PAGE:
The polls are open in Italy, as Italians choose a new government in a general election. Results will become known early morning hours, as Forex markets open and trading gets underway in Asia. This election has mainly been characterized internationally as marked by neo-fascist, anti-immigrant sentiment, with an increase in the prospects for radical, “populist” parties – yet the result is still expected to be inconclusive (a “hung parliament”), and lead to no change in government or provide firm direction for Italy. For this reason, unless the result is wildly different from expectations, as the numbers come in there is unlikely to be any unusual market volatility.
Opinion polling is banned by law during the final two weeks before the polling date in Italy. The final polls, which were conducted from 12th the 16th February, suggested about 26% for the center-left parties, 37% for the center-right parties, and 26% for 5-star, a populist party which is Eurosceptic but does not easily fit into conventional left-right definitions. This means that barring a political earthquake, months of haggling will be required to form a government, and it probably won’t be able to do very much anyway.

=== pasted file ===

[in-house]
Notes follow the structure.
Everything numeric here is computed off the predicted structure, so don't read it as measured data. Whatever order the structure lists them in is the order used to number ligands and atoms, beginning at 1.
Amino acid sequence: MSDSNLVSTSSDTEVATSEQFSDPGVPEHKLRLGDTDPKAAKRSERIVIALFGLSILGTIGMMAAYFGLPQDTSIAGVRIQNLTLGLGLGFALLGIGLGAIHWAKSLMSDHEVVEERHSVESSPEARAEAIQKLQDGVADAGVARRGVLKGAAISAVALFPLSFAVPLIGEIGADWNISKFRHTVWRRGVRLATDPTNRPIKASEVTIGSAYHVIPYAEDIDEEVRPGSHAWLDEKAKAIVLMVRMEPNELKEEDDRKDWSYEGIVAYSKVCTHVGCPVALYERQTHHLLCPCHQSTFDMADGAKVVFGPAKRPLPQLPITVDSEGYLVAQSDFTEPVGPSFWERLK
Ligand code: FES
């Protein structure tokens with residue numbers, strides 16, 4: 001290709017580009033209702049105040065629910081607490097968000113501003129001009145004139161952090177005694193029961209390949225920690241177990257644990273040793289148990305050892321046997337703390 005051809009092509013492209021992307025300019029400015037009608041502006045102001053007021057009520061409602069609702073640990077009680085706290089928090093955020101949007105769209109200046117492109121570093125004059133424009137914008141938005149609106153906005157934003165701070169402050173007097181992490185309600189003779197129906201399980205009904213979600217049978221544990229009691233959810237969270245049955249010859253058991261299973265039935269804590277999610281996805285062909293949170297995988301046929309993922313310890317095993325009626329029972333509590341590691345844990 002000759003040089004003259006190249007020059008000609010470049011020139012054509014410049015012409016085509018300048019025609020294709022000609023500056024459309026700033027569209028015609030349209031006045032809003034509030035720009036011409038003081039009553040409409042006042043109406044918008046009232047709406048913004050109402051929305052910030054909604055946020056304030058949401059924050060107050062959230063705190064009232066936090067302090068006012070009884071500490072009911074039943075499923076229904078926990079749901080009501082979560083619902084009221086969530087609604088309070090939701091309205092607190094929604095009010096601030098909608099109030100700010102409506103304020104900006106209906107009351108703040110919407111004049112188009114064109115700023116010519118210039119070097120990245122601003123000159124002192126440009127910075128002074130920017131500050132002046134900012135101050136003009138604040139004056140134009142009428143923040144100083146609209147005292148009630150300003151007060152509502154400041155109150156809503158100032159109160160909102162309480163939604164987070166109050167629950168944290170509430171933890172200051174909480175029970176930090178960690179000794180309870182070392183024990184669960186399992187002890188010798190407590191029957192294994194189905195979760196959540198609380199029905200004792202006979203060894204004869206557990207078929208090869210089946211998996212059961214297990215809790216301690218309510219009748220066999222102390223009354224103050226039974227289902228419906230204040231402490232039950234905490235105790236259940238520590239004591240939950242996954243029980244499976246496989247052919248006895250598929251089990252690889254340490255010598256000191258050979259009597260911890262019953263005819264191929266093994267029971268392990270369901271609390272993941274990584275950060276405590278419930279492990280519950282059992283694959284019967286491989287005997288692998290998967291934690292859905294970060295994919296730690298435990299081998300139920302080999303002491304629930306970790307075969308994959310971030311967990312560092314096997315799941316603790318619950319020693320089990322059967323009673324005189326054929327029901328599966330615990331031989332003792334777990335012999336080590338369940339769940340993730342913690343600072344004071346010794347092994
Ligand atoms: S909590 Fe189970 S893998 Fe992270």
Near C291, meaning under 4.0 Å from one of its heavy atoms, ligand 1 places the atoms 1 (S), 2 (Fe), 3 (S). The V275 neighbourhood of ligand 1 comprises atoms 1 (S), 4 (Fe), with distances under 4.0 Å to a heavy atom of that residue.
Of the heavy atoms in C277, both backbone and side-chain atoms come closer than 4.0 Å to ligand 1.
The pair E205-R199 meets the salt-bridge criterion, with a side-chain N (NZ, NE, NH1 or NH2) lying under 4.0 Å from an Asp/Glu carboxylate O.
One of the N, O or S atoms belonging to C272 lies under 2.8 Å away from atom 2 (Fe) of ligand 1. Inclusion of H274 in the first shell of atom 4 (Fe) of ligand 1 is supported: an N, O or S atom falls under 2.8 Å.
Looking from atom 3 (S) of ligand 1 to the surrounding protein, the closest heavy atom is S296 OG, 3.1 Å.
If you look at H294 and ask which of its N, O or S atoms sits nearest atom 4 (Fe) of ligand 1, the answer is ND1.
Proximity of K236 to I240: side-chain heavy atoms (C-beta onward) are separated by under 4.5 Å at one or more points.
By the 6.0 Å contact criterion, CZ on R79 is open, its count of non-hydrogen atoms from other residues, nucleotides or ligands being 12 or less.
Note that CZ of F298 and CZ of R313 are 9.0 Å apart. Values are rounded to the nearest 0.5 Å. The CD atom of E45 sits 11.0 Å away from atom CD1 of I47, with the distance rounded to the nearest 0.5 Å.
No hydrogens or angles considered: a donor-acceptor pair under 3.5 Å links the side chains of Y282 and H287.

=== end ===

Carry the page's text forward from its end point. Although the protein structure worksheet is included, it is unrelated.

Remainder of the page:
Most Italians would agree that the country is in bad shape. Unemployment is a shade under 11%, economic growth is well below the Eurozone average, and the Italian economy has still not recovered to its level of output of 10 years ago. Six hundred thousand African migrants landed in Italy over the past year, and although most pass through, the sizeable influx has triggered fear.
The most “likely” surprise could be a better than expected showing by 5-star and the right-wing parties Brothers of Italy and the Northern Leagues, which might make a Eurosceptic alliance more possible. Yet even if that comes to pass, it would be very hard to imagine Italy leaving the Euro, let alone the European Union.